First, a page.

There are many other things Western companies could do. However, they decided to “suspend their activities,” hoping the war would be over soon, and when it dragged on, they just left their assets worth millions of dollars to Russian oligarchs. That is the worst strategy possible because it lets the government put the blame for the deficit on the West since Russia did nothing against the Western businesses, and they chose to leave themselves, which means that they are to be blamed for shortages of goods. What they should have been doing instead was to cling to the Russian market till the end, making the government force them out for violation of the new oppressive laws and overburdening Russian courts with paperwork. That would make the government take the political blame for the decreasing quality of life, so in most cases, it is trying to avoid it. For example, YouTube, Wikipedia, and Google, being the main sources of alternative information about the war, have been accused of violations of Russian censorship laws countless times already but have not been banned because they are too important for the everyday lives of ordinary Russians. Besides, by refusing to go quietly into the night, these companies would not have to leave the infrastructure intact for Putin-friendly Russian elites to take. Finally, banning them would create grounds for lawsuits over the assets lost by these companies in Russia in the future.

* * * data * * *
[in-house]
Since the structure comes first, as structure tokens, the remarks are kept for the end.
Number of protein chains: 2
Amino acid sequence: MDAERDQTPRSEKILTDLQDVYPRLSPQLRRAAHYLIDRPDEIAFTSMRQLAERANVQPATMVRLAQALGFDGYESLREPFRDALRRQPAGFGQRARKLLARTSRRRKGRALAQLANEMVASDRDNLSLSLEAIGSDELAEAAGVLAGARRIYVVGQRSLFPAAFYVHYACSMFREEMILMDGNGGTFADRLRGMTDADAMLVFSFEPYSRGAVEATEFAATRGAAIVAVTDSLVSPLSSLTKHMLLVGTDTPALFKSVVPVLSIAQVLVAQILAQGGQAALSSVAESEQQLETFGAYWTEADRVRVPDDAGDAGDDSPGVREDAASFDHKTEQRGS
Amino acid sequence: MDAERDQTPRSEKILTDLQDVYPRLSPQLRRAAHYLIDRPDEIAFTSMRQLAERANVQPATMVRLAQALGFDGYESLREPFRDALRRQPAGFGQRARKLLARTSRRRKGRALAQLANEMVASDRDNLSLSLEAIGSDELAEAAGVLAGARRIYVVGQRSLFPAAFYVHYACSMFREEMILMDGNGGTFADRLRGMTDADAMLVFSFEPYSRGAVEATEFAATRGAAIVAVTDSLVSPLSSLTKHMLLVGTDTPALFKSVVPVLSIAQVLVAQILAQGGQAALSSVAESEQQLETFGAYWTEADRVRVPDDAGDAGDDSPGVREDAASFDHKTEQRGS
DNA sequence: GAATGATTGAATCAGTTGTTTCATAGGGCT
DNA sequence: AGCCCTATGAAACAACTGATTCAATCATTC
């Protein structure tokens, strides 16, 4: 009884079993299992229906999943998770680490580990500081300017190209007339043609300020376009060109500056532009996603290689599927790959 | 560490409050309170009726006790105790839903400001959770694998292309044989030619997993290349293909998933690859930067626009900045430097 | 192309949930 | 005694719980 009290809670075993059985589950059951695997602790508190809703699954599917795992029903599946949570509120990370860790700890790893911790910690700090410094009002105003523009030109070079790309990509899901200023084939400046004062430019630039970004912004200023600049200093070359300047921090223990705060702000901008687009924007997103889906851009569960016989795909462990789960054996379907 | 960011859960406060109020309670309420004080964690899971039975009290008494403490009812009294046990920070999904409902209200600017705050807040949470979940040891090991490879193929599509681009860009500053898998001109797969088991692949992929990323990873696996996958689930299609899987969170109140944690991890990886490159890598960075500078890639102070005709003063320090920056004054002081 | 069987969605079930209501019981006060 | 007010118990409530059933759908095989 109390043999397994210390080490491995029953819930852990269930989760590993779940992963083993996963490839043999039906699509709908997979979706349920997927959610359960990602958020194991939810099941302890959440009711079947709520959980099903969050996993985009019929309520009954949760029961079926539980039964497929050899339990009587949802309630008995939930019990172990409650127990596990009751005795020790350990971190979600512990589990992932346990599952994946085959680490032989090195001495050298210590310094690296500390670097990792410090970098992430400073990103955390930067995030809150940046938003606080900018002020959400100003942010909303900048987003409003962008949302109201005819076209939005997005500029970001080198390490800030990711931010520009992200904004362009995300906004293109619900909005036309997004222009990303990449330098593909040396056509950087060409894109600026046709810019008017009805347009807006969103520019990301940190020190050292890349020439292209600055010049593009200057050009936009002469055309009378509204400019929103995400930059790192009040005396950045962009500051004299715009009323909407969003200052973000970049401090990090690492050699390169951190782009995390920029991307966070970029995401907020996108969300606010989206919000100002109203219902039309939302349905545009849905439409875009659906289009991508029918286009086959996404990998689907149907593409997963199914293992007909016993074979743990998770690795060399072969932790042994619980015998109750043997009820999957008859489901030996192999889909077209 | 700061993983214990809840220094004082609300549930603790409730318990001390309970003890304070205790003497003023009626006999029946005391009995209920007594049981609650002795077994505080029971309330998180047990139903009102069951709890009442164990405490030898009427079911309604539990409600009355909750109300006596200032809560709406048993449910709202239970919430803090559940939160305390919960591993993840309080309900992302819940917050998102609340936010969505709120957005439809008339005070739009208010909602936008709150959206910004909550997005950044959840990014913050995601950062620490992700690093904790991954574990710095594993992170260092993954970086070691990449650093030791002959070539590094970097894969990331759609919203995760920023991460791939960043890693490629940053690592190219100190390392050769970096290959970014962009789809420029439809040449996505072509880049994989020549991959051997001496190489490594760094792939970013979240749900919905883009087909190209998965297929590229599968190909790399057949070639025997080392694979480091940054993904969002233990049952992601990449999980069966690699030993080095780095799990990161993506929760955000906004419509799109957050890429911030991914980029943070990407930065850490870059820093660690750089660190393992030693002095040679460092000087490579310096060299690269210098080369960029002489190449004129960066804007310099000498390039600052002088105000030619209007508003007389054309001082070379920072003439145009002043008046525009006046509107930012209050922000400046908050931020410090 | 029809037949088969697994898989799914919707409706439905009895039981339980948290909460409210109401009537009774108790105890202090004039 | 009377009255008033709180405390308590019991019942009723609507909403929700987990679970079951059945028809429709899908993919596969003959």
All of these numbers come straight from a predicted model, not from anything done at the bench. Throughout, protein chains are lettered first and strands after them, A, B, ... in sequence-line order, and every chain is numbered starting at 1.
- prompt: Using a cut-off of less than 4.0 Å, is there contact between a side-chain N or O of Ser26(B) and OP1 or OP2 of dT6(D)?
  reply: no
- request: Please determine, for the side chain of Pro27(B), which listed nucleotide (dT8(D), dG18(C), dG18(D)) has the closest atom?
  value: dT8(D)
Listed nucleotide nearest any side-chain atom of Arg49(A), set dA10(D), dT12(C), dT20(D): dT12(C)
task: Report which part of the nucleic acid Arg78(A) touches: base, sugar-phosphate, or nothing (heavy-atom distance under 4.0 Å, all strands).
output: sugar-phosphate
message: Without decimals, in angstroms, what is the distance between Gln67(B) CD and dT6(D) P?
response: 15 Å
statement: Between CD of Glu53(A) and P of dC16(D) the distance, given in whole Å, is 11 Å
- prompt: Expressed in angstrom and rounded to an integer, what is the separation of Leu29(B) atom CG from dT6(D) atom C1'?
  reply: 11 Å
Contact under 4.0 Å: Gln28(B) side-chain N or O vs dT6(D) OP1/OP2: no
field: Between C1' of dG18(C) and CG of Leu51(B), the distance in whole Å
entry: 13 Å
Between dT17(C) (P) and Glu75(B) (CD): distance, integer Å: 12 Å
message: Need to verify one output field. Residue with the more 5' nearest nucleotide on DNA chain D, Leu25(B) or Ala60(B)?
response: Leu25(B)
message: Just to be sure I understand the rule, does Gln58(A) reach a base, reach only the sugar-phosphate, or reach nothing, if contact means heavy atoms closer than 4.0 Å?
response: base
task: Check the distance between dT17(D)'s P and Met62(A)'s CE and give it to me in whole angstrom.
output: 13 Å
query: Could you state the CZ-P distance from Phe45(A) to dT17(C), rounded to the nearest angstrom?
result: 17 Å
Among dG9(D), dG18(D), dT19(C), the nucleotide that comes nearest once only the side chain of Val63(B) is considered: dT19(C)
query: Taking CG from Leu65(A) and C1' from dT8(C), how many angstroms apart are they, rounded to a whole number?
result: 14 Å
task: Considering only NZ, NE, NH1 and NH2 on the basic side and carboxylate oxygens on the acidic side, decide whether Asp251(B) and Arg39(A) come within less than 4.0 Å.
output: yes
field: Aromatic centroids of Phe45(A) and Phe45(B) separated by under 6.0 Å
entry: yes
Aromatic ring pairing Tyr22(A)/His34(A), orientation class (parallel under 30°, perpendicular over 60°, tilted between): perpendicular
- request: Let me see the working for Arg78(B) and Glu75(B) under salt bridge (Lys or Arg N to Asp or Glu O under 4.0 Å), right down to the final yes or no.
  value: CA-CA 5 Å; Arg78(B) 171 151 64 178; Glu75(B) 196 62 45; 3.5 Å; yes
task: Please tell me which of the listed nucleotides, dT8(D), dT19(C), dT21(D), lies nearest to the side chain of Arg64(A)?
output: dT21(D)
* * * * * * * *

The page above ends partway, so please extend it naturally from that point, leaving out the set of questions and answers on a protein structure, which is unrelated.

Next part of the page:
Excluding Russia from international organizations such as the Council of Europe is no better. Previously, Russian citizens at least had almost illusionary protection from their state through the European Court of Human Rights. At least, after being detained at protests, they could get compensation from the Russian state in the distant future. Now they lost even that, while Russian exclusion from this organization did absolutely nothing for the ceasefire. Russian presence in the Council could not influence its work on the protection of human rights in Europe, while its absence there prevents the international protection of human rights in Russia.